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Ease Your Migraine With These Household Items

Posted by Migraine Relief Center on Jun 17, 2015 7:00:00 AM

Migraines are very personal. They vary from person to person in severity and cause, and as such, no one treatment will work for everyone. What soothes a migraine for one person, could trigger one in another. Some have been successful with home remedies, using common household items found their pantries and medicine cabinets to find relief.

Here are a few of them:

Natural Oils

Aromatic plant oils popular in massage or aromatherapy can help relieve migraine headaches.

  • Lavender oil - You can use medicinal lavender oil in two ways: either inhale it, or apply it directly to the skin. The only thing you mustn’t do is ingest it orally. Making a solution to inhale is simple; just dilute two to four drops of the oil in two cups of boiling water then breathe in the vapors that rise with the steam.
  • Peppermint Oil - This helps combat one of the possible causes of migraine pain, which is restricted blood flow. Its fresh smell makes it popular with most people, and the vasodilating and constricting properties help to control blood flow through blood vessels. Inhaling peppermint vapors can also open up the sinuses, clearing the way for more oxygen to enter the bloodstream
  • Basil Oil - If tension brings on migraine, you might find basil oil helpful. We all know about basil as an herb that does well with tomato, making it perfect on pizza toppings, but aside from tasting great, it’s also a muscle relaxant.
  • Fish Oil – Many people take this supplement for its omega-3 content, as it is beneficial to the heart. Reports from the American Heart Association indicate that fish oil may help reduce inflammation in blood cells, reducing their pressure on nerves that can cause migraine pain. A great way to consume fish oil is by simply mixing one tablespoon into a glass of orange juice.  

Reach for Almonds

Whether nuts work for you depends on whether they’re one of your migraine triggers. Some people find that they actually bring on a headache, while others swear they can relieve it. Because migraine triggers and symptoms vary so much, it’s vital that you understand your own danger points.

If nuts don’t cause your migraines, you may find that almonds in particular can bring relief. They contain salicin, an anti-inflammatory agent that’s also in some over-the-counter pain relievers.

Hot or Cold Compresses

Evidence suggests that hot or cold compresses can help relieve migraine pain. What’s causing your migraine depends on whether hot or cold would be most effective, so it’s a personal choice.

  • A hot compress may work if tension or anxiety triggers pain, since a hot compress will work to relax muscles.
  • Cold compresses work the opposite way, helping to constrict expanded blood vessels and so relieve pressure on nerves.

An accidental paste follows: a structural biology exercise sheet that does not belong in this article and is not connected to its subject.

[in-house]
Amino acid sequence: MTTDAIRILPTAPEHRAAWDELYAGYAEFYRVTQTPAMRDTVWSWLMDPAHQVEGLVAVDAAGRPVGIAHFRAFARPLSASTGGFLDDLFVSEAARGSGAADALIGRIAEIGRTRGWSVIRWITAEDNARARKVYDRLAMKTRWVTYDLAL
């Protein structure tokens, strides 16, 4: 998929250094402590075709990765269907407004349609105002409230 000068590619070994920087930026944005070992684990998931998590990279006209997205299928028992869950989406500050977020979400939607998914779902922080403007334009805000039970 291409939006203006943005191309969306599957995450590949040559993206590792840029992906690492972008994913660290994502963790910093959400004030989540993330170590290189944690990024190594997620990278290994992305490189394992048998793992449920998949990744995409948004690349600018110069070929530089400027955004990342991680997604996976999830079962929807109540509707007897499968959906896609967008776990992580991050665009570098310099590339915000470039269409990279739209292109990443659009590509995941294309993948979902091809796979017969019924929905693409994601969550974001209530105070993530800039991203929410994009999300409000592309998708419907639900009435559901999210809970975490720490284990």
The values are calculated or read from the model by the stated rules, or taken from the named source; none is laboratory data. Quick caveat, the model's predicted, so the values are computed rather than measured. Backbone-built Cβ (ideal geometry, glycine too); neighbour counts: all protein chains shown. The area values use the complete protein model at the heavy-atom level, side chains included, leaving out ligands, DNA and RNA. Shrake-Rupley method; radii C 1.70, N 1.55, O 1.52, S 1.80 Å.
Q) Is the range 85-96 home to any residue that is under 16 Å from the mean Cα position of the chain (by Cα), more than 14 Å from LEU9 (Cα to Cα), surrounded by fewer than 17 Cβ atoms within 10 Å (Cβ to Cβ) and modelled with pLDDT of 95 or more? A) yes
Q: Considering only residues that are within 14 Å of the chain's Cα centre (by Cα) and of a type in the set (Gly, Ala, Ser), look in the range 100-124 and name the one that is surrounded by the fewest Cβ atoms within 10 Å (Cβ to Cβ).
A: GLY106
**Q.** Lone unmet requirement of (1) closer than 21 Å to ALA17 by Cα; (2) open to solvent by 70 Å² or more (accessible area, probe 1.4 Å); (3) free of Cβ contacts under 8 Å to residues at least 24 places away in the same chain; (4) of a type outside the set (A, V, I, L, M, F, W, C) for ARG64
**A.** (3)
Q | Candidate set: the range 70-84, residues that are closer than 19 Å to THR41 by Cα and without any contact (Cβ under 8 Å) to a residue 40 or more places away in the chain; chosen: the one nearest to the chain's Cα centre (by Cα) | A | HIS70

For some, a mixture of hot and cold can relieve pain caused by a combination of physical conditions. Try a hot compress across your forehead, and a cold one behind your head. Tension in the shoulders can also lead to migraine pain, in which case try a heat pad on your shoulders.

You don’t need anything fancy to make a hot or cold compress at home. For cold, a bag of frozen peas or an ice pack will do the trick, and for hot, a towel or washcloth dampened with hot water.

Simple Posture and Movement

Not an actual household item, but definitely falling under home remedies, how you sit, stand and move can all effect how your body feels. Hunching up the shoulders, taking shallow breaths or staying still for hours at a time can all lead to tension in the body that, in turn, brings on migraine pain.

Simple things such as making a conscious effort to correct posture, relax your shoulders, sit up straight at your desk, can relieve tension.

As we mentioned for peppermint oil above, a lack of oxygen flowing through the blood can trigger or prolong migraines, and proper, deep breathing can help combat this. We tend to take shallow breaths when not thinking about breathing.

Consciously take deep breaths that start low in the diaphragm as though you’re filling your stomach, and end high in the lungs. This is a good exercise to do while you’re lying down, but you can breathe mindfully in this way at any time.

Getting out in the fresh air with a brisk walk, or taking up yoga to stretch muscles and tendons can also help ward off migraine headaches. Exercise releases endorphins, which can help dull pain.

When you find something that relieves your migraine, it’s as if you’ve been handed a holy grail. It may take some experimentation to find your own household remedy, but it will be well worth it for you in the end.

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Topics: Migraine

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